3) Onbashira Festival Nagano, Japan
As the third Japanese festival on the list, it’s clear that Japan is a place for the adventurous (and reckless). The Onbashira festival takes place over a month and is split into two sections — it’s the earlier installment that is of interest to us.
During “Yamadashi,” locals venture into the forest and cut down the 10-ton fir trees that are a hallmark of the region. In order to get them to their faraway destination (two local shrines), they must be hauled across freezing rivers. At one juncture in the path, however, locals encounter steep slopes and decide to ride down the inclines while perched on the logs. Wearing traditional costumes and fed sake to instill bravery, these locals take the precarious trip downhill and invariably lose a few of their friends every seven years.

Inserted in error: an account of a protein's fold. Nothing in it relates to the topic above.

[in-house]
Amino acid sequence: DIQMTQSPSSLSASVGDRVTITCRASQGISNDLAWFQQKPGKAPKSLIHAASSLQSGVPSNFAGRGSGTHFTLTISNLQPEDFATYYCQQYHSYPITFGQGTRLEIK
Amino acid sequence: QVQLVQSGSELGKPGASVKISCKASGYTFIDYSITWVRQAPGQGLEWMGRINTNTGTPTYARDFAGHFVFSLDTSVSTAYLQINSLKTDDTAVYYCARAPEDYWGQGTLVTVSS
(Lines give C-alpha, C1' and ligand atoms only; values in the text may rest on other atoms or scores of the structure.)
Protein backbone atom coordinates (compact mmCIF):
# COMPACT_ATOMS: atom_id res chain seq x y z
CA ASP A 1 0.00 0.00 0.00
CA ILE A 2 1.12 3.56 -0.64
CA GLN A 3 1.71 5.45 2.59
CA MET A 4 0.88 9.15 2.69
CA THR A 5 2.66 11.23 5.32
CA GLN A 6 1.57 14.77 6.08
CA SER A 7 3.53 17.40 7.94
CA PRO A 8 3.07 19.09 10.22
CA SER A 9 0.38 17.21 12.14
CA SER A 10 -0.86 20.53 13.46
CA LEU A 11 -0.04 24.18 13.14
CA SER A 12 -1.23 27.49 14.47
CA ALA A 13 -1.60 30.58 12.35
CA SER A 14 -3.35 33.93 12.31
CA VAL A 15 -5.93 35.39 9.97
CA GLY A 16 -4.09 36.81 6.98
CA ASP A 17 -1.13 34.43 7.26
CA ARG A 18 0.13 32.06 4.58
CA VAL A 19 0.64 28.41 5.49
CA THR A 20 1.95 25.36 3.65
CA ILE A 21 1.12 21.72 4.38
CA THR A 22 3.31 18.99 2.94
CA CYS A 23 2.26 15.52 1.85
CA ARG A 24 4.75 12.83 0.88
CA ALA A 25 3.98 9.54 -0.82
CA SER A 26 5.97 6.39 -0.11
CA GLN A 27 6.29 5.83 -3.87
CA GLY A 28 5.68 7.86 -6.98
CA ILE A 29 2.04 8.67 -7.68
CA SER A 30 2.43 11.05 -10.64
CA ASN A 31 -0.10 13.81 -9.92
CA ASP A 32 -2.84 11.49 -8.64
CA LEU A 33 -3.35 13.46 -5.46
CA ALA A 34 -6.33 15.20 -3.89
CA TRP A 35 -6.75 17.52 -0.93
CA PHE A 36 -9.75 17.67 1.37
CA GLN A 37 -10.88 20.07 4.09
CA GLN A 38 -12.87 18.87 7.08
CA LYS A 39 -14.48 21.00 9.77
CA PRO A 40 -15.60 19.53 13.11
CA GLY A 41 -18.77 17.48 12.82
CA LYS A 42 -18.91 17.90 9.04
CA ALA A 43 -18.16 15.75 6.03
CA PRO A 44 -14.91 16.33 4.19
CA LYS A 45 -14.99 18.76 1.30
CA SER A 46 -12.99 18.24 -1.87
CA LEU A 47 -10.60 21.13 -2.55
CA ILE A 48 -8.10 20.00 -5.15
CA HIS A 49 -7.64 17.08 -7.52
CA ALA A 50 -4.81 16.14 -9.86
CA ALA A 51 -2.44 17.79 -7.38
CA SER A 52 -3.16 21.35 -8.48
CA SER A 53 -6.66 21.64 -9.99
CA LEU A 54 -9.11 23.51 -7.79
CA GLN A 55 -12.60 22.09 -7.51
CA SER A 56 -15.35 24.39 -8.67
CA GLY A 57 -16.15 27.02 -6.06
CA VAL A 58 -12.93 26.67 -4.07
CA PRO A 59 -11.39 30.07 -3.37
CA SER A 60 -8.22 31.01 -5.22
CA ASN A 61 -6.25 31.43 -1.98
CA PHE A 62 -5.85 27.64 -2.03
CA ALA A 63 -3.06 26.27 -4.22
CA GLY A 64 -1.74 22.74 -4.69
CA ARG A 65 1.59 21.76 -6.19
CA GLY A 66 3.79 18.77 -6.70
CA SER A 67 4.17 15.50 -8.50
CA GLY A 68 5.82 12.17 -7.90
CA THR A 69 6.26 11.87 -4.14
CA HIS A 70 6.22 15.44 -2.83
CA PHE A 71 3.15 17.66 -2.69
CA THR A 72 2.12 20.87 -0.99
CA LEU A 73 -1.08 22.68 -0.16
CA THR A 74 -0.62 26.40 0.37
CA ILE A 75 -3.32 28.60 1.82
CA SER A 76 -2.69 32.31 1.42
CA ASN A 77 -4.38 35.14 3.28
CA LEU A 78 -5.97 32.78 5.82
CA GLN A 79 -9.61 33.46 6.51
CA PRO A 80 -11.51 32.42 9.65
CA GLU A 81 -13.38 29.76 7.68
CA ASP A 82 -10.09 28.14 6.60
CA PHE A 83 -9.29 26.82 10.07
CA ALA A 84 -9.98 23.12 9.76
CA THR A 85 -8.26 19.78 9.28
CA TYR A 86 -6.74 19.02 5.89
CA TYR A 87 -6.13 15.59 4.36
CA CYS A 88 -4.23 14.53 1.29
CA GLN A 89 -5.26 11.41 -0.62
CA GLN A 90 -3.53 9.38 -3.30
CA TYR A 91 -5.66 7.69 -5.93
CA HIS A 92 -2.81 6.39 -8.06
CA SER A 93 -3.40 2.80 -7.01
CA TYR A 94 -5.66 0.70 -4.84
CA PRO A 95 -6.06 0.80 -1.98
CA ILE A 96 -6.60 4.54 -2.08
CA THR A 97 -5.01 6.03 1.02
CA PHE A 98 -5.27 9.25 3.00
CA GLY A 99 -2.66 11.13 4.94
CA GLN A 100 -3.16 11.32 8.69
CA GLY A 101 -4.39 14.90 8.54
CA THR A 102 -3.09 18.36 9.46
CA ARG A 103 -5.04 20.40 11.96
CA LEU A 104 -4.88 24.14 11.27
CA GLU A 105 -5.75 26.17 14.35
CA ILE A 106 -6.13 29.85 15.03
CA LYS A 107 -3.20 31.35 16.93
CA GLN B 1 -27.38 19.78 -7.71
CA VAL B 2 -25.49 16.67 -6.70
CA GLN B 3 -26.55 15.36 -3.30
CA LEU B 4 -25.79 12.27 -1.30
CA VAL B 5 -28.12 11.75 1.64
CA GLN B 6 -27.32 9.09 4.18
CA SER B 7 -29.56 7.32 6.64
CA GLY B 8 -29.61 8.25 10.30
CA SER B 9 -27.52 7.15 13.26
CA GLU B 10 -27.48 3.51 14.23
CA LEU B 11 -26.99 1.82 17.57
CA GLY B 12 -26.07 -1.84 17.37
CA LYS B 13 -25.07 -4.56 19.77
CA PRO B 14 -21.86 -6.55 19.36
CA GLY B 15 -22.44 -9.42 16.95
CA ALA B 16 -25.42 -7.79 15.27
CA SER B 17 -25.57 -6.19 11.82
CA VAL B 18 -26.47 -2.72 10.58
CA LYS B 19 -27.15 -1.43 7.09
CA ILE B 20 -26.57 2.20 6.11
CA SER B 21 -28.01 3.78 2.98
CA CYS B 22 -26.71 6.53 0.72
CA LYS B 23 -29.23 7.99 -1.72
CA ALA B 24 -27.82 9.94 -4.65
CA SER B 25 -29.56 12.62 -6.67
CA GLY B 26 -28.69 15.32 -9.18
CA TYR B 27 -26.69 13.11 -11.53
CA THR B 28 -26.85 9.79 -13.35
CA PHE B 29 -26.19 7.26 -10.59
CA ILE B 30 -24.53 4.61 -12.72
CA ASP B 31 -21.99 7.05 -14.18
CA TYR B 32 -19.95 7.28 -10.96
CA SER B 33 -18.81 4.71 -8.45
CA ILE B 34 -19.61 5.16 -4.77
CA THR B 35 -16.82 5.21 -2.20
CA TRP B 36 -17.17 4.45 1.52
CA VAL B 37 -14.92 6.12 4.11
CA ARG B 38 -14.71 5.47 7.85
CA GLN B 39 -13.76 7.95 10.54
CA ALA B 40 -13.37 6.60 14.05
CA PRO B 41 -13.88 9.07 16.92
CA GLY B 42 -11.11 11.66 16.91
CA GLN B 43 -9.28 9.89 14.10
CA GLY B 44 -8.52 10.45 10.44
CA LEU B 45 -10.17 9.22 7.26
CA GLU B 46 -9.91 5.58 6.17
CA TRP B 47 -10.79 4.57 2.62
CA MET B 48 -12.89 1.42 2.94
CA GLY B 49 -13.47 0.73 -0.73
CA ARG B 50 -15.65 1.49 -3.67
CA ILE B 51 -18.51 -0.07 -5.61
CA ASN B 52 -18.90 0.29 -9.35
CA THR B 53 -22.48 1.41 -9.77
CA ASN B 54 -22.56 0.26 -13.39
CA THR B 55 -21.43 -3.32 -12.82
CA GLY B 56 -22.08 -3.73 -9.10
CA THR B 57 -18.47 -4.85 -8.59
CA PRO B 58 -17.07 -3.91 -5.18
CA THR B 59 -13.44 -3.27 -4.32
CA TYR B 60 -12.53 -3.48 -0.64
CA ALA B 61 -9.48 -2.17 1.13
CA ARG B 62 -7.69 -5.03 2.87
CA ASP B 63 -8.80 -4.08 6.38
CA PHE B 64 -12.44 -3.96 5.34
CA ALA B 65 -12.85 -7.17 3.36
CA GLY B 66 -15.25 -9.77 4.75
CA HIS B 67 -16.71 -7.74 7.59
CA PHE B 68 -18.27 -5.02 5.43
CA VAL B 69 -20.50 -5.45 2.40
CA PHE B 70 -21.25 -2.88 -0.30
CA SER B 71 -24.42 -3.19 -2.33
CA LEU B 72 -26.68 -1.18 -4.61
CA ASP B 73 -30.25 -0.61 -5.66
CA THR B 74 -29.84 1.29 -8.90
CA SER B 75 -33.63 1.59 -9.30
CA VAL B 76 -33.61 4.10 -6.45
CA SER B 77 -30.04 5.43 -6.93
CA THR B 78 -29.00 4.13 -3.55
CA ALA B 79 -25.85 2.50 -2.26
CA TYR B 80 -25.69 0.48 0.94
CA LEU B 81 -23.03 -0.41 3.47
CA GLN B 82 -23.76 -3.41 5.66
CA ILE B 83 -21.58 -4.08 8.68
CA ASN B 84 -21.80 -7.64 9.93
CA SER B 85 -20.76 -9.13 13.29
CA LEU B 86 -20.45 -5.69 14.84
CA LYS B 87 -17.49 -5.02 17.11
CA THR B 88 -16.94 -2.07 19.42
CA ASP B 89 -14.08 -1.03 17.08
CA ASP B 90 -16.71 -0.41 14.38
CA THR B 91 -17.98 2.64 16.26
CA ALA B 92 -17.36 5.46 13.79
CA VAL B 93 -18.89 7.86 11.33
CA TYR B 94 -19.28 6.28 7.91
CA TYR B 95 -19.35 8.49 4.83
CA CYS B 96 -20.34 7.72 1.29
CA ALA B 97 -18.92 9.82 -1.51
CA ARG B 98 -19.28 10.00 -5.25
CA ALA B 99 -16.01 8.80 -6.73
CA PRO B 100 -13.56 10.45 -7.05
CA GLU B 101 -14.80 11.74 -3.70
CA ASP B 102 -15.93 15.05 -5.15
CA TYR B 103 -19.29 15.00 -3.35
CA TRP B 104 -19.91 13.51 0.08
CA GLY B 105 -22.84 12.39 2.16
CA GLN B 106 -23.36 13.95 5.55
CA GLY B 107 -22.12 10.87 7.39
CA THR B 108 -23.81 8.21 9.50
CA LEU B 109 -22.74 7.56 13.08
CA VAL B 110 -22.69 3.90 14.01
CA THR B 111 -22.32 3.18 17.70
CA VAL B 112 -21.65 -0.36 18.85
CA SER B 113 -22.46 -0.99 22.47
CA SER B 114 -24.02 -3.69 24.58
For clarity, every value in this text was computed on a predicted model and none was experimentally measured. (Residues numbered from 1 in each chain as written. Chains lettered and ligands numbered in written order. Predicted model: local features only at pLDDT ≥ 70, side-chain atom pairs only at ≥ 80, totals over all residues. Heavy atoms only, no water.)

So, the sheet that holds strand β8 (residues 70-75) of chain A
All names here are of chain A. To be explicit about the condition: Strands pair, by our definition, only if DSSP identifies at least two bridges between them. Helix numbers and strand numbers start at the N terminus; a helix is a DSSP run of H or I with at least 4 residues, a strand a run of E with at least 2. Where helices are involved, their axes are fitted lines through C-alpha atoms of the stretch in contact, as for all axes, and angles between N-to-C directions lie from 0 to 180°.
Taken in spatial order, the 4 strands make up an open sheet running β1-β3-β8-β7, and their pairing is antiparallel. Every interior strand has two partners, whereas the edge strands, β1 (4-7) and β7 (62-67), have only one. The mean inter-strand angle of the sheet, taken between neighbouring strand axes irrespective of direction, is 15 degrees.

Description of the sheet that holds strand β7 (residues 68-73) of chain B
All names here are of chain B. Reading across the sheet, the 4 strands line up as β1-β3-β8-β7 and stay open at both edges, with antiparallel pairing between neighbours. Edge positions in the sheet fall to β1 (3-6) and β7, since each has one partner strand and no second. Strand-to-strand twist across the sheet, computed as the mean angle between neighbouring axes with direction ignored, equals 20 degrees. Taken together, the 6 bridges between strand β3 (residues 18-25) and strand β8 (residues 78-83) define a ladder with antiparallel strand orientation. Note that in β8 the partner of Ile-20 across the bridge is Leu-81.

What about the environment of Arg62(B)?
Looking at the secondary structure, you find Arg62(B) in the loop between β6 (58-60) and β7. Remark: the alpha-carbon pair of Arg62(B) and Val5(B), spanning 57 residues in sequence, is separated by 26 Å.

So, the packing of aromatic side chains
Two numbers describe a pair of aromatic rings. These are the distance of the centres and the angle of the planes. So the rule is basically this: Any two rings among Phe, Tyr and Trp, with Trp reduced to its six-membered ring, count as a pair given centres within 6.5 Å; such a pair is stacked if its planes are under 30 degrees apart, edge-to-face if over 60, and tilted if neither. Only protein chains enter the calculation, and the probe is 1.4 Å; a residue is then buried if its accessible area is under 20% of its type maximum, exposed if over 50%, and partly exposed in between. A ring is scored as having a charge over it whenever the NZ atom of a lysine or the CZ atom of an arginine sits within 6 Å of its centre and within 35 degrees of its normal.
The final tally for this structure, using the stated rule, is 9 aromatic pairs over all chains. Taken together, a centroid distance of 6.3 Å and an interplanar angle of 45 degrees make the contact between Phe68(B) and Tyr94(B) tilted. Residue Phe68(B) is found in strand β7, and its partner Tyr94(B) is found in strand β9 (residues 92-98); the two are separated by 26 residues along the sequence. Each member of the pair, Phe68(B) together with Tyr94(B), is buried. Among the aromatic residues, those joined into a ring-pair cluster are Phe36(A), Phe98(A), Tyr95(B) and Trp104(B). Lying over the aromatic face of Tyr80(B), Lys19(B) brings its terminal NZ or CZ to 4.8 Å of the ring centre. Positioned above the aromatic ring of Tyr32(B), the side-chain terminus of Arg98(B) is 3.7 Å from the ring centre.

2) Cheese Rolling, Blockworth, Gloucester, UK
Only in England could they turn an innocent looking cheese into a death race. For the last 200 years every late May Bank Holiday thousands flock to the village to hurl themselves down the steep Cooper’s hill in pursuit of a Double Gloucester cheese. A fleet of ambulances is always in attendance to cart the injured competitors off to hospital.
1) Running of the Bulls, Pamplona, Spain
Carried out during the Festival of San Fernier for the last 600 years bulls have been let loose through the narrow streets crowded with crazy competitors who try to avoid getting trampled or gored. Made famous in Ernest Hemmingway’s novel “The sun also rises” it is now one of the most popular and dangerous thrill rides you can voluntary take part in. It has claimed the lives of at least 15 people since 1924 and many more have suffered, cuts, bruises, broken bones and concussion.